So a less restricted attitude towards other religions than existed in New Orleans allowed for African retentions. The music and the spirituality inherent to it, which developed out of Congo Square, exemplified this. Congo Square represents an Africanized approach to music and culture. As time went by, the music of New Orleans spread throughout the country because of the travels of such early jazz musicians as Louis Armstrong, Sydney Bechet, Jelly Roll Morton, Mahaila Jackson, and others. The music continued to thrive in New Orleans, permeating every aspect of people’s lives in the Crescent City. The use of this area declined in the 1840s and ended by the beginning of the Civil War.
Today, Congo Square holds a special symbolic importance to African-Americans. It is significant because of the role the square played in New Orleans' musical heritage and as a symbol of the early African contributions to the origins of jazz and other American musical forms. In the 21st century, standing in tribute to the accomplishments of the tightly knit New Orleans musical community, Congo Square remains a memorial to the artists who transformed their sound and exported it throughout the world. Congo Square was recently listed on the National Register of Historic Places.
Handsome, elegant, and dignified, Armstrong Park is near Canal Street in downtown New Orleans. Like much of the current cityscape, it was submerged beneath the waters from Hurricane Katrina. But grim as that event was, New Orleans' richness as roux musical tradition will not be drowned by the loss of life, property, and community. Congo Square and the music will not be lost in the flood.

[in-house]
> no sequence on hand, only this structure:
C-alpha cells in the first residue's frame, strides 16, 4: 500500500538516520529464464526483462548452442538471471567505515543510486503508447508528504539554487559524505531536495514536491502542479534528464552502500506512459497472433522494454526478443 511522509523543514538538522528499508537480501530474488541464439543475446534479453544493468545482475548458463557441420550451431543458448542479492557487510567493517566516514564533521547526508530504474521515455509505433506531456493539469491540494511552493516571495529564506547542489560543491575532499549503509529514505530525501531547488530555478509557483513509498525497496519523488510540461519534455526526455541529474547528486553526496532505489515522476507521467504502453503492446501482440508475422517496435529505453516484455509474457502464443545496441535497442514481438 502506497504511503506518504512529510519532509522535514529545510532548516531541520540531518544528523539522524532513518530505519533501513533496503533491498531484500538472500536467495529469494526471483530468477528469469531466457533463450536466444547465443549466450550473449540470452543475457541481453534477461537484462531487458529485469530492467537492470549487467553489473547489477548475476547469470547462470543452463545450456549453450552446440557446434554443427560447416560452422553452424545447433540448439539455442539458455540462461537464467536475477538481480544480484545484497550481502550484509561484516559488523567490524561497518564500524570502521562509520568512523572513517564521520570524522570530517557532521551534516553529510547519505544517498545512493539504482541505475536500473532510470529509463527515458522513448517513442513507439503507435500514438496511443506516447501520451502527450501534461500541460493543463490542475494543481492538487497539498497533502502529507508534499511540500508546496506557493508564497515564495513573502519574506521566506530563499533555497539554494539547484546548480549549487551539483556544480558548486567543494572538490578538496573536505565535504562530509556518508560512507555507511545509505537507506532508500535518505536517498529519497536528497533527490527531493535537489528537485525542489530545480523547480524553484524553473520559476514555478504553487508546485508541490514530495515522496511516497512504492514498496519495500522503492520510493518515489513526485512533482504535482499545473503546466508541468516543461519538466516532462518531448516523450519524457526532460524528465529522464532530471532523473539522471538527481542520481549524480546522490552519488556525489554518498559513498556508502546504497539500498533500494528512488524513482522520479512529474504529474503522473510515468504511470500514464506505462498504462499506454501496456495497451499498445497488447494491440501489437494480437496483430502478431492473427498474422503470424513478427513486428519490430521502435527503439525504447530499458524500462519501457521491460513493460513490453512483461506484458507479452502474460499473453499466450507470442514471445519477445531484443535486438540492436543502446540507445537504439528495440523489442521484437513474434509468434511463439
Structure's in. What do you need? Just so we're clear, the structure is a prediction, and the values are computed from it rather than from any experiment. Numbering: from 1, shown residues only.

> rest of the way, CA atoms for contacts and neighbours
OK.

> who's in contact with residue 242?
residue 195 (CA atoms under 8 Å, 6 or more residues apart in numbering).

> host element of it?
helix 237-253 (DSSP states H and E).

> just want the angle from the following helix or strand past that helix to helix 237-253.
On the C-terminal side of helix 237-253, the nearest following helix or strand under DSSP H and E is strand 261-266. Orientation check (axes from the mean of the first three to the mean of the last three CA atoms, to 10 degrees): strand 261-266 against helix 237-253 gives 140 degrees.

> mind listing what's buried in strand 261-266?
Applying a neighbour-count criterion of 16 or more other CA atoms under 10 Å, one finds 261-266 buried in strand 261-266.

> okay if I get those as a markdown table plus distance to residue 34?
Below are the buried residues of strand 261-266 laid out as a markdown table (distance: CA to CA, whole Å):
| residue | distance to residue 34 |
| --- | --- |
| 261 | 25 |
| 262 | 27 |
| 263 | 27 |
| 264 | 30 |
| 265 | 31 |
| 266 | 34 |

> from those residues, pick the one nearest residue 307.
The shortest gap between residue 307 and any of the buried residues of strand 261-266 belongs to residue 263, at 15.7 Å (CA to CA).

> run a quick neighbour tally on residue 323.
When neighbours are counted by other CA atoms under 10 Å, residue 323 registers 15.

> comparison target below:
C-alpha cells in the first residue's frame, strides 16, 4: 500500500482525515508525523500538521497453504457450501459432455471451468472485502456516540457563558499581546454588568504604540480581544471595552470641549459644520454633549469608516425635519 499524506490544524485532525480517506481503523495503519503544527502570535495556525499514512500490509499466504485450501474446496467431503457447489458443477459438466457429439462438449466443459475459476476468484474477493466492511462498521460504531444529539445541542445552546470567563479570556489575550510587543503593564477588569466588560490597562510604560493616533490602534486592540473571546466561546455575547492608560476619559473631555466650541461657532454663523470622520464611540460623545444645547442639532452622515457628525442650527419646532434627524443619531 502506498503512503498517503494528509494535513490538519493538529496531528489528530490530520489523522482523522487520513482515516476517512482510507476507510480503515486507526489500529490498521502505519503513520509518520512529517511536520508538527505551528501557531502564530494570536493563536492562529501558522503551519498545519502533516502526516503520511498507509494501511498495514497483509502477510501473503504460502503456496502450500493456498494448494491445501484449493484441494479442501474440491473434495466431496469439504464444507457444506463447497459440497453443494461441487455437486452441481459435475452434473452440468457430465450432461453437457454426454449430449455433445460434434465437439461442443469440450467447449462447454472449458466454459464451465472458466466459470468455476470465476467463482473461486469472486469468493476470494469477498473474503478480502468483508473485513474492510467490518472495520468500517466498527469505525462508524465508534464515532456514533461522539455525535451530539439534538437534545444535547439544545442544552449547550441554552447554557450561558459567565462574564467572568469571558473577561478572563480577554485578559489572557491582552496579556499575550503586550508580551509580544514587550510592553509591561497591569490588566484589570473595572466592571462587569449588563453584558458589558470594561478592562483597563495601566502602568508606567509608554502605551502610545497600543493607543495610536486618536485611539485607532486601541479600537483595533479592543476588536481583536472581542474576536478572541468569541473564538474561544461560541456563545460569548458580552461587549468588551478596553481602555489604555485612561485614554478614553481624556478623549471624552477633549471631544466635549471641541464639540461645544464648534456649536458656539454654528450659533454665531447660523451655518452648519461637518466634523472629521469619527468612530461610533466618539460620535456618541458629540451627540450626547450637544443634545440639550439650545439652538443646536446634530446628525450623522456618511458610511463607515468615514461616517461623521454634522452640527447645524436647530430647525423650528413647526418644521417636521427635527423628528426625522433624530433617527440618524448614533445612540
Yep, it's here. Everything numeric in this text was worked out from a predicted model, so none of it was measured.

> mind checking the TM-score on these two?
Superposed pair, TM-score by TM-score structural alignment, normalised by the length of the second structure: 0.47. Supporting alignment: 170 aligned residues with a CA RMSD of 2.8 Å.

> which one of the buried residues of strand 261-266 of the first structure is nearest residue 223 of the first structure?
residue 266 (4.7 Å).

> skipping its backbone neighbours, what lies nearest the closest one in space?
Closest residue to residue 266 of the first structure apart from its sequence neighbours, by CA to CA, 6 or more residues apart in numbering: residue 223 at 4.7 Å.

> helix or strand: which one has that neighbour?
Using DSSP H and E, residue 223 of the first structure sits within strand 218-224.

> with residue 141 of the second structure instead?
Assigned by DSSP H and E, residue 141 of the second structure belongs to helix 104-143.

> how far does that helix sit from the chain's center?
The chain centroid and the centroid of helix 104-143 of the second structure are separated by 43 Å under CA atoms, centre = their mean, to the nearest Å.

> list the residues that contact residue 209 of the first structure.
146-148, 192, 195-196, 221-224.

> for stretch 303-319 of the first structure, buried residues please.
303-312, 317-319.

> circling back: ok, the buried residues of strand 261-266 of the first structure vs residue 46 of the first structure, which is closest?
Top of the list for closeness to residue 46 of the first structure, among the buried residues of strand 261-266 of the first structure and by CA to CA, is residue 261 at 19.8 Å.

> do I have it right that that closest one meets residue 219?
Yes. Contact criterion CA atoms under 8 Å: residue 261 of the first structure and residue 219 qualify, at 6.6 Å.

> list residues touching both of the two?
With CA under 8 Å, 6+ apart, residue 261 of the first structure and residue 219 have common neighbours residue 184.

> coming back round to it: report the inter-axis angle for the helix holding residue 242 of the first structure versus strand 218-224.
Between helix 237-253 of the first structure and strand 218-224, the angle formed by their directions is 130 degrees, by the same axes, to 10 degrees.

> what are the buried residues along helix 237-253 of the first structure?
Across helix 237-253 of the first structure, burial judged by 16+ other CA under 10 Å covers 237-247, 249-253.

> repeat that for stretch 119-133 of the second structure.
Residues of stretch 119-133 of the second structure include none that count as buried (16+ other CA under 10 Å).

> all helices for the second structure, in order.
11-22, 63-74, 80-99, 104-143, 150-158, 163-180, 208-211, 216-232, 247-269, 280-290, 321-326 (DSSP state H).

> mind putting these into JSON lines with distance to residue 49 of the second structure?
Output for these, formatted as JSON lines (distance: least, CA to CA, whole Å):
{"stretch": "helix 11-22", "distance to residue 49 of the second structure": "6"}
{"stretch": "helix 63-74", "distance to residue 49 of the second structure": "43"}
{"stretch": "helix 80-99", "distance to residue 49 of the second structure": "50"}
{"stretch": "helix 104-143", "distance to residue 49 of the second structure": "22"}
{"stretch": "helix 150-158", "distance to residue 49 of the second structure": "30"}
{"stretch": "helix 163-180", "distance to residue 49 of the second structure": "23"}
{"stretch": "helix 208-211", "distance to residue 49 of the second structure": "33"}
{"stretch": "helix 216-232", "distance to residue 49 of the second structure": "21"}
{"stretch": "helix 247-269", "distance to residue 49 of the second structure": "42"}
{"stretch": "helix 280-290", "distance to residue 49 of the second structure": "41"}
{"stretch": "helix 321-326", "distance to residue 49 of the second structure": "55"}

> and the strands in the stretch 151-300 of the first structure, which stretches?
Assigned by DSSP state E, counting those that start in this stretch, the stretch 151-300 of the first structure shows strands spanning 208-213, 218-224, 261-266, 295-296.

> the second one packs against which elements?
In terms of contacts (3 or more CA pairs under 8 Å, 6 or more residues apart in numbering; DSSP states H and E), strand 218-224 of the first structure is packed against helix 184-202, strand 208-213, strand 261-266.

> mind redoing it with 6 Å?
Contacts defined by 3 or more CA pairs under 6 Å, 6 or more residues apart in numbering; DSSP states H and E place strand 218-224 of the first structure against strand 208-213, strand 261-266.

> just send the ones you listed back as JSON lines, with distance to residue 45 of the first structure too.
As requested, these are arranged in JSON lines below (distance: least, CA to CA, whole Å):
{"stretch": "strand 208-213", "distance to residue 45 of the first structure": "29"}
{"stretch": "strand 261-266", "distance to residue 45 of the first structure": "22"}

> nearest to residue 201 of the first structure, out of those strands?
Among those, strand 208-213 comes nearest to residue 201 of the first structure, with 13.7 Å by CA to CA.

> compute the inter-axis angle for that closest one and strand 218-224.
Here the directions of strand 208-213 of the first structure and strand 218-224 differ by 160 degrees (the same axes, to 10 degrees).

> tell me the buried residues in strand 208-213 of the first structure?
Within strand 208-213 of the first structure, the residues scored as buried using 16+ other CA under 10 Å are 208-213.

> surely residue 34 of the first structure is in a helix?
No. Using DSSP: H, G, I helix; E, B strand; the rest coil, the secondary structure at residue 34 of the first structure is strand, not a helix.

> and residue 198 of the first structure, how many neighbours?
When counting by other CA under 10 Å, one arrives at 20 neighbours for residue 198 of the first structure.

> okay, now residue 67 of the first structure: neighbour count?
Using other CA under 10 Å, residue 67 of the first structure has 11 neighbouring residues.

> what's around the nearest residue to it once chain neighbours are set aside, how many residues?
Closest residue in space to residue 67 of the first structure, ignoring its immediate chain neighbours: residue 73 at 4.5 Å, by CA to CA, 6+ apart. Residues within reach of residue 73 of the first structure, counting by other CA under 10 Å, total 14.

Reference:The Washington Times3600 New York Ave NEWashington, DC 20002-1947.

The Seven Steps

The SEVEN STEPS of District Six as a symbolic tool for understanding Cape identity
To anyone who has had an association with old District Six, the very mention of the ‘Seven Steps’ immortalised in Taliep Petersen’s musical ‘District Six’, stirs up deep emotions. The Seven Steps of stone worn by the thousands who climbed these to work, to home, to school, to play, to bok, to church, to mosque, to shop, to celebrate and to mourn, were part of the great big soul of the district. Today, so many years after its destruction, the Seven Steps stands out as the premier symbol of District Six. The District Six museum has it as an integral part of its brand and logo. There is a reverence at its mention – seven after all is God’s number. Seven is the dobbelaars ‘Lucky Number’.